A London-based human rights charity will open a free primary school in a poverty-stricken area of Pakistan that aims to give Christian children an education, an alternative to working as bonded laborers and a chance to break free from their family's cycle of poverty.
The British Pakistani Christian Association announced earlier this week that it has purchased land in the town of Kasur, just outside the city of Lahore, and will build the free school to be named after 12-year-old childhood martyr Tim Iqbal Masih, who was shot and killed in 1995 after helping to free thousands of children from bonded labor.
BPCA has provided extensive human aid to Christians and others in Kasur after several Christian families' mud homes were badly damaged by severe flooding last year. But as BPCA provided things like free medical examinations and treatments, the organization noticed a pressing need for a free educational outlet for the children. more >>
The Islamic State terrorist organization has executed as many as 250 women and some of their families in Mosul for refusing to become sex slaves, a Kurdish official has said.
In an interview with the Iranian-based AhlulBayt news agency, Said Mamuzini, a Kurdistan Democratic Party official from Mosul, explained that IS (also known as ISIS or ISIL) has enforced severe consequences on women who refuse to participate in "sexual jihad."
Since conquering Iraq's second-largest city in June 2014, the militant group has forced hundreds, if not thousands, of religious minority women to sexually submit to the group's jihadis by way of forced, temporary marriages. more >>
American Pastor Saeed Abedini believes Iranian intelligence police tried to hack into his Facebook account after he posted a message criticizing the Islamic regime for jailing thousands of political prisoners.
"After my recent post on my Facebook (Proverbs 17:7) about Iran government today, Iran intelligent police tried to hack my Facebook account but they haven't been successful," he wrote on Wednesday, adding that it could also have been a threat for him to stop posting.
Abedini, who was held hostage inside Iran's prisons for three and a half years for his Christian faith before being released in January, had earlier posted a comment insisting that despite Iranian officials' denials, the Islamic Republic does indeed jail people for religious and political reasons. more >>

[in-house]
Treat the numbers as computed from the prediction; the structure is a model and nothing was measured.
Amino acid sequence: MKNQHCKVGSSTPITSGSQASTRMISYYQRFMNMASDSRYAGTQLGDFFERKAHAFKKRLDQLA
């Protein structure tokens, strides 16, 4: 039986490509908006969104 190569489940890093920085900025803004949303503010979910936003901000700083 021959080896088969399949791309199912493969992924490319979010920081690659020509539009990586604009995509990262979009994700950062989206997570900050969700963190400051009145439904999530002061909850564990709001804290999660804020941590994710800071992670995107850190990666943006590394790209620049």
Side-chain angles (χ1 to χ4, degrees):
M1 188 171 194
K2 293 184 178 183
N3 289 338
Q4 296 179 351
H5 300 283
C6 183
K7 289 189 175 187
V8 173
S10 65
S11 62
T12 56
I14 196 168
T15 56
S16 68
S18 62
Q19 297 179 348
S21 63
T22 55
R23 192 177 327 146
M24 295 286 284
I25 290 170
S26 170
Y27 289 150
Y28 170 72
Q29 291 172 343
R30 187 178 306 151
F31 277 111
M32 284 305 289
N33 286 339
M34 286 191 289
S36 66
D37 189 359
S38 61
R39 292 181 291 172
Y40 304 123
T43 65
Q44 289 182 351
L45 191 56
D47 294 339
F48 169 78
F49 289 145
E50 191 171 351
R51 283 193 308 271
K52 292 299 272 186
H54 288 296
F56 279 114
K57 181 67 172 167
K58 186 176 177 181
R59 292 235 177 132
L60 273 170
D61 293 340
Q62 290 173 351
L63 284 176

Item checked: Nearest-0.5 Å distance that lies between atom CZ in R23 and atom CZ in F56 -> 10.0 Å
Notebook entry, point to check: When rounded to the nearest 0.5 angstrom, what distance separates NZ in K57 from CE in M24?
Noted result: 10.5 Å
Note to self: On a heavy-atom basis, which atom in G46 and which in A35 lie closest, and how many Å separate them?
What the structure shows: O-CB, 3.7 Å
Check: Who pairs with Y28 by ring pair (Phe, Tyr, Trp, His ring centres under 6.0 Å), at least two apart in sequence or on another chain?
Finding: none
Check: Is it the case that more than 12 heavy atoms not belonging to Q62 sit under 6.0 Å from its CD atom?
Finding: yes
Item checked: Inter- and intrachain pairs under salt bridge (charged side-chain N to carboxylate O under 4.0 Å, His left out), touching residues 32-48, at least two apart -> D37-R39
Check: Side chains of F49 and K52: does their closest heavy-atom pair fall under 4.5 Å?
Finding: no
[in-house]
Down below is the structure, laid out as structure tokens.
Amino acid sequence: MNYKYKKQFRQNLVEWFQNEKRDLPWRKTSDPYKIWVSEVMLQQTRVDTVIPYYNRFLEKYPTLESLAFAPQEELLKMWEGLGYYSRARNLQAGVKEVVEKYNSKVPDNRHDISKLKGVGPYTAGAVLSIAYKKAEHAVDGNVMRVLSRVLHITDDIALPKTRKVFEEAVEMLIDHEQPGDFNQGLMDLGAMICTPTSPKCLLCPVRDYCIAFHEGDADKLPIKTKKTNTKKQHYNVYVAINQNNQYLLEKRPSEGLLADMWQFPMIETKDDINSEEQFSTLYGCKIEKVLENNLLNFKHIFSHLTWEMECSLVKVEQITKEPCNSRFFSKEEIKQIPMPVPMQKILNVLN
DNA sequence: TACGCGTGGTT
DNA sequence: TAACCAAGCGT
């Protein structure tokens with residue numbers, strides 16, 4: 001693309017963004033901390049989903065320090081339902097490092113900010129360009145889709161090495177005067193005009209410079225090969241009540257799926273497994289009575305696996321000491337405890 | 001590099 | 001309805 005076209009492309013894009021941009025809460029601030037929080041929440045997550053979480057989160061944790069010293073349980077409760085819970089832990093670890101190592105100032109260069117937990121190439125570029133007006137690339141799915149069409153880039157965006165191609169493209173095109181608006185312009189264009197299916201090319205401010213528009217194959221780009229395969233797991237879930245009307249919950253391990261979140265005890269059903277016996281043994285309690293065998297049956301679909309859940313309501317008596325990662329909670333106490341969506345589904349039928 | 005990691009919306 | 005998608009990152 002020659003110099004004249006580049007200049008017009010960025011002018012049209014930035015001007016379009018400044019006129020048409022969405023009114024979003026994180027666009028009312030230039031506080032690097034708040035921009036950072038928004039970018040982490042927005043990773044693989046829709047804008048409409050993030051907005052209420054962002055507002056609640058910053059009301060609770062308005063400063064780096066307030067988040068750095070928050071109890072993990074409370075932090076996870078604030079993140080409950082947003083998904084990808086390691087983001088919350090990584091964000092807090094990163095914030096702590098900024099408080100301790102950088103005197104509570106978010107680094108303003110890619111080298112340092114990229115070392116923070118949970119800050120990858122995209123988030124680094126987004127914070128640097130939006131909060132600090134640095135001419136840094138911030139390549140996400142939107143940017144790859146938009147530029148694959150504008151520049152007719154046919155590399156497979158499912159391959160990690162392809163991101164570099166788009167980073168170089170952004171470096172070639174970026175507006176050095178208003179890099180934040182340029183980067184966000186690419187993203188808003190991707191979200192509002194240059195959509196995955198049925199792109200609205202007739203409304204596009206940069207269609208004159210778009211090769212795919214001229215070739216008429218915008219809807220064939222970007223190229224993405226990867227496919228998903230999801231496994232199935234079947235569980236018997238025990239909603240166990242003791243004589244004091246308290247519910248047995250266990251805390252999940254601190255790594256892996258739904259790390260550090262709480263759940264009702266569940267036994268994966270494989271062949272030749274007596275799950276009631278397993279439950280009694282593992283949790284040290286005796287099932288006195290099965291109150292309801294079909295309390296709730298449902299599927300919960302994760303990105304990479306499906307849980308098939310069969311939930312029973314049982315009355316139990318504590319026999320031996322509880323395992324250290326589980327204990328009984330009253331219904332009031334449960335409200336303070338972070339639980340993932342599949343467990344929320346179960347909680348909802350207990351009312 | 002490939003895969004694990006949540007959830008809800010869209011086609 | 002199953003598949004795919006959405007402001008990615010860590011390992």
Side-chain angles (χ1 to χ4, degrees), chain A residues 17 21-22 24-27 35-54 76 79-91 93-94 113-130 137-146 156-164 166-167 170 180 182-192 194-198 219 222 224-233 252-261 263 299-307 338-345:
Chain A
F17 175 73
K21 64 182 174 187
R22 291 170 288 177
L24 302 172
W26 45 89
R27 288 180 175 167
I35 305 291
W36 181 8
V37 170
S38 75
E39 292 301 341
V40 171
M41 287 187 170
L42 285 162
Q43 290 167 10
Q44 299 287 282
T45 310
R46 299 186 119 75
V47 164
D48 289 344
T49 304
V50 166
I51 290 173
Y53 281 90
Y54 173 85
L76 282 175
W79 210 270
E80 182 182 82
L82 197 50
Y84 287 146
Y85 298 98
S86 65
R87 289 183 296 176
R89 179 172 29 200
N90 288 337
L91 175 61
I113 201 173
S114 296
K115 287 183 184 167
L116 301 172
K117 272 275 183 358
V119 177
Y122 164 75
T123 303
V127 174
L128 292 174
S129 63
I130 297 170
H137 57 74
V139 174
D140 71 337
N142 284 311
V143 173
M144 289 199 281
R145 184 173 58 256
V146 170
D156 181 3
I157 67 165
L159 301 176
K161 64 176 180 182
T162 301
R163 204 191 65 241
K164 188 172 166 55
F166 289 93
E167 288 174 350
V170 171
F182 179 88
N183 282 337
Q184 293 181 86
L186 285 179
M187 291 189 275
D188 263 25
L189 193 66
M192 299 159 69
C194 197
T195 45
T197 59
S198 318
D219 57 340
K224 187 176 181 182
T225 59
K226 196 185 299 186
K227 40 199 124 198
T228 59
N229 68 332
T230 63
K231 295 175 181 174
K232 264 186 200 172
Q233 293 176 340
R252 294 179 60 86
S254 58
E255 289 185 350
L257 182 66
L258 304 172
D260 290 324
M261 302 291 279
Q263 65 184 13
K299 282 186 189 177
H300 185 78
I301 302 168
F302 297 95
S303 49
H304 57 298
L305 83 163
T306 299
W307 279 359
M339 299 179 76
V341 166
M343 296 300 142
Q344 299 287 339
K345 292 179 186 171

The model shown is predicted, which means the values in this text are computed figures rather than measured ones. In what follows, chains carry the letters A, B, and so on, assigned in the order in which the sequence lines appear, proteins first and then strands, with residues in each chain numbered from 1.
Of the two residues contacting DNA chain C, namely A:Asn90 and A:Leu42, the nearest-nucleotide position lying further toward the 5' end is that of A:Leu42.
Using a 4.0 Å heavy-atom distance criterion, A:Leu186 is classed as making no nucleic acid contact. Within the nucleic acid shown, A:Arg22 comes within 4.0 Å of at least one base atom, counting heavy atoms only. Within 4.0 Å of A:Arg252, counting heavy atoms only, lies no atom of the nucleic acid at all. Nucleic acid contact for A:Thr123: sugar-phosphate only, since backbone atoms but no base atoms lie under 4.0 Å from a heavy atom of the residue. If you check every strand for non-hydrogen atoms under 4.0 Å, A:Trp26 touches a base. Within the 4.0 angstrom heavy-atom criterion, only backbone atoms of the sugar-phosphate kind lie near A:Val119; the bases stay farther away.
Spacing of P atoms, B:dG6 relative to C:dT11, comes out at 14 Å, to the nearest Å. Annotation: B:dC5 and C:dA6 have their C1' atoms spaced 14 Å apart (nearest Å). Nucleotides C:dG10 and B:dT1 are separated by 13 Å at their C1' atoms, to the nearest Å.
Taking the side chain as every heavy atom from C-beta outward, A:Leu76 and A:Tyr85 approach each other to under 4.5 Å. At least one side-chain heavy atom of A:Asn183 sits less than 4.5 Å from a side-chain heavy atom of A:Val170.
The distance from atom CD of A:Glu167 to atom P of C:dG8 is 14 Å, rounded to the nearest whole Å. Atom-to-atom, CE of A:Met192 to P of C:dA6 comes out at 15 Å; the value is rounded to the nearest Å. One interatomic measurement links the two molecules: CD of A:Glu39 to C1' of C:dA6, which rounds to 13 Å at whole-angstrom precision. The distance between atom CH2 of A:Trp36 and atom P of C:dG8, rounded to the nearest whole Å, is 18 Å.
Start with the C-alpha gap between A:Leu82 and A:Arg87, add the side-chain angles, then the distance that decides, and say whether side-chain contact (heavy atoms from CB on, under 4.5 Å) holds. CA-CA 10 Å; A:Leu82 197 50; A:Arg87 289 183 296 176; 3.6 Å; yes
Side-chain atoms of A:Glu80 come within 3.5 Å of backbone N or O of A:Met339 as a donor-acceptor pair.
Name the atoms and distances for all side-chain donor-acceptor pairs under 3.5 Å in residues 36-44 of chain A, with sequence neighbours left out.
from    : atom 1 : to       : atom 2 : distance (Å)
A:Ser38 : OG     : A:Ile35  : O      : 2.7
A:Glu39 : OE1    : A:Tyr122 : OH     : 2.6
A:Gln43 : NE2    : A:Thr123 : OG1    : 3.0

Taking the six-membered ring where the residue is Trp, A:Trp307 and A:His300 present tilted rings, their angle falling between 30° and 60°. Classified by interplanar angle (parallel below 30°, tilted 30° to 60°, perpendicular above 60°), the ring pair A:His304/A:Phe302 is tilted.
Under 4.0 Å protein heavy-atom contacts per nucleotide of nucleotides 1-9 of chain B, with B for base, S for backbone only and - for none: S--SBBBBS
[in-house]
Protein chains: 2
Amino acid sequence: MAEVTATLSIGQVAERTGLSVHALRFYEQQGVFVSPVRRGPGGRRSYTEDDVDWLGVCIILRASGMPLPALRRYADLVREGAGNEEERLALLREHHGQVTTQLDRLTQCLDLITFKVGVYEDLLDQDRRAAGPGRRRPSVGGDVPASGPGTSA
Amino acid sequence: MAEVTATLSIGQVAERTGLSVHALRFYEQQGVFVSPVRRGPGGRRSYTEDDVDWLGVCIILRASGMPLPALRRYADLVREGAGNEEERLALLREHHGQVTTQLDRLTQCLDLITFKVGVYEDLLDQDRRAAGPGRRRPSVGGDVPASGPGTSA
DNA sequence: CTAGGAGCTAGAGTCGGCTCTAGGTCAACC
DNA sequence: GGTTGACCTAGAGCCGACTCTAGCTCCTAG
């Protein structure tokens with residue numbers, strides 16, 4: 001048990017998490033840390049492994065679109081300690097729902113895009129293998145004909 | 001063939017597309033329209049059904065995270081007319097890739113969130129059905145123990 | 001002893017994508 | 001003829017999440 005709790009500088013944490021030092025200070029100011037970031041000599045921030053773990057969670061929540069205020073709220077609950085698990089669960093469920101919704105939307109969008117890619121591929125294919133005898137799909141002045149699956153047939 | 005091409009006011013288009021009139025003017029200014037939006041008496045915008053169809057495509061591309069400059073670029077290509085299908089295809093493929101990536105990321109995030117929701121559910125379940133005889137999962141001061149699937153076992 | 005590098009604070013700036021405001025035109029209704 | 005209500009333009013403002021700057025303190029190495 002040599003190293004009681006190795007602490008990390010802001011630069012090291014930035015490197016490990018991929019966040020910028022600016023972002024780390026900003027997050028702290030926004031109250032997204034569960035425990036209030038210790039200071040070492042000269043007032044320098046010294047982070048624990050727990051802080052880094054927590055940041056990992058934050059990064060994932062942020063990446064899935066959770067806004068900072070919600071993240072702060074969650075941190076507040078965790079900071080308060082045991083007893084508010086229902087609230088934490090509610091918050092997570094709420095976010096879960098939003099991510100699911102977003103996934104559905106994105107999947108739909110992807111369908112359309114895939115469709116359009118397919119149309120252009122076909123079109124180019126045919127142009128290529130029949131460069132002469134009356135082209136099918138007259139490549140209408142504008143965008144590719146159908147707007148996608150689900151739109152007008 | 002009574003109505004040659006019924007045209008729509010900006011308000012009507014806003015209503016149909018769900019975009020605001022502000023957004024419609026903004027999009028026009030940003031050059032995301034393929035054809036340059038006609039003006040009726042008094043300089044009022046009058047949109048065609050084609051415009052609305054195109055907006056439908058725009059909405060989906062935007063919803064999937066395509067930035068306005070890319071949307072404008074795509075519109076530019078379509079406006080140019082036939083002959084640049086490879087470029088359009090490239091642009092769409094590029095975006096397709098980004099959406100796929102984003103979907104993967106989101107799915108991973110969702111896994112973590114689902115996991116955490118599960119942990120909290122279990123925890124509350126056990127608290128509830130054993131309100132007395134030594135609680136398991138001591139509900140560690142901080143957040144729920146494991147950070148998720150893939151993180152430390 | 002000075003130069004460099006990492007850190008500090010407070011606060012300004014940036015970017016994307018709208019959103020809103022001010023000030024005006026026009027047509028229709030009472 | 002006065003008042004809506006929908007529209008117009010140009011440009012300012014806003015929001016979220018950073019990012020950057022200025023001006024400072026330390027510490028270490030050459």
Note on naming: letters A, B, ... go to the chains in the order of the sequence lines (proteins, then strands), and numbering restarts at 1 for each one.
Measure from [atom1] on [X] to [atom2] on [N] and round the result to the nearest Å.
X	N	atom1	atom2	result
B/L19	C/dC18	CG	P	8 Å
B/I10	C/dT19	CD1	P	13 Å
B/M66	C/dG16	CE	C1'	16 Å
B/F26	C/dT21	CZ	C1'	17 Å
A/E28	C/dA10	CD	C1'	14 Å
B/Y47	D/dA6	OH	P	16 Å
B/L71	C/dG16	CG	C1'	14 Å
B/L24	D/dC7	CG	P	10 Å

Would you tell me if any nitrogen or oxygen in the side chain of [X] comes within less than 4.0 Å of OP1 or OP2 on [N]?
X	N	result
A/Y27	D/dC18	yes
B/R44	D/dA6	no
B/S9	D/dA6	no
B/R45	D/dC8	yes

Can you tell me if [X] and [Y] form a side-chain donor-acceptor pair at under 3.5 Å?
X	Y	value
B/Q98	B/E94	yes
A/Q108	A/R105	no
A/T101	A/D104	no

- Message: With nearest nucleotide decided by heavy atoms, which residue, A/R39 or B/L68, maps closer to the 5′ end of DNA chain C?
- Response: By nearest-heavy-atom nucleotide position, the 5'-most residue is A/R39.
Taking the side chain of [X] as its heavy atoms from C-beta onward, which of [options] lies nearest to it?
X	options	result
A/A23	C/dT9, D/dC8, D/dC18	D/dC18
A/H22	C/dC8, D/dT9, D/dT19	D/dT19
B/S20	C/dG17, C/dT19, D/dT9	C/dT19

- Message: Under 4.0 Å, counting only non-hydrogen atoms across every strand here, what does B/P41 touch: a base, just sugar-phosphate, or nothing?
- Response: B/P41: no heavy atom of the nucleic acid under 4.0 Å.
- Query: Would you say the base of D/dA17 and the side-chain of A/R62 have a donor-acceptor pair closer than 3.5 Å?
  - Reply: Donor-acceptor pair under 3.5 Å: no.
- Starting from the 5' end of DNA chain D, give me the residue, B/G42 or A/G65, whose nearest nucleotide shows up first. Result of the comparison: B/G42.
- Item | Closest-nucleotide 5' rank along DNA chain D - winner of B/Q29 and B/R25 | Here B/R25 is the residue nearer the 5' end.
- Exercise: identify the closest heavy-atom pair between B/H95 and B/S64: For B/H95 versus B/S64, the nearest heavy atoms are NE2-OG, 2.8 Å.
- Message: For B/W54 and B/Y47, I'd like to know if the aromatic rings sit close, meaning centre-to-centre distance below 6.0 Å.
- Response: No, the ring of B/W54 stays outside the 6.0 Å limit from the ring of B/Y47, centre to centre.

Evangelical Christians in Mexico are being targeted by local groups that represent a blend of Catholicism and other faith traditions, say advocates, who are calling on officials to protect the country's religious minority.
International Christian Concern's Advocacy Manager, Nate Lance, told Fox News that evangelicals, who are a minority group in Mexico, continue to be targeted for their beliefs and for refusing to convert to Roman Catholicism.
"They will try to force them to convert, and if they refuse, they are banned from their villages, unable to live with or see their families," Lance said. "When they refuse to recant their faith, they are expelled from the community." more >>
WASHINGTON — Although millions of religious minorities have been displaced, killed or enslaved in Iraq and Syria due to the "systematic, ongoing, and egregious violations" of religious freedom carried out by the Islamic State, other militant groups and the Syrian regime of Bashar al-Assad, both nations were absent from the State Department's list of countries of particular concern announced last Friday.
During a Tom Lantos Human Rights Commission hearing on Capitol Hill Tuesday, David Saperstein, a Rabbi who heads the State Department's Office of International Religious Freedom, was asked by the commission's co-chair, Rep. Joe Pitts, R-Penn., what his office's stance is on Iraq and Syria being left of the list.
As the country of particular concern designation was created under the 1998 International Religious Freedom Act, Saperstein explained that Iraq was left off the list because the statute requires for actual governments to be the violators of the "systematic, ongoing, egregious violations" of religious freedom. more >>
The United States government has again refused to designate Pakistan as a "country of particular concern" for the 14th year in a row despite the fact that religious persecution in the country is reaching ever higher levels.
State Department spokesman John Kirby announced last Friday that Tajikistan has been added to the United States' list of "countries of particular concern," a list created under the 1998 International Religious Freedom Act (IRFA). Tajikistan joins nations like Saudi Arabia, North Korea, China, Eritrea, Iran, Sudan and Uzbekistan as some of the worst religious freedom violators in the world.
Kirby gave little explanation as to why those countries made the list and others did not. However, the fact that Pakistan was left off the list ignores the recommendation from the U.S. Commission on International Religious Freedom, which is a government commission created by the IRFA. USCIRF has called on the U.S. government to label Pakistan as a country of particular concern every year since 2002. more >>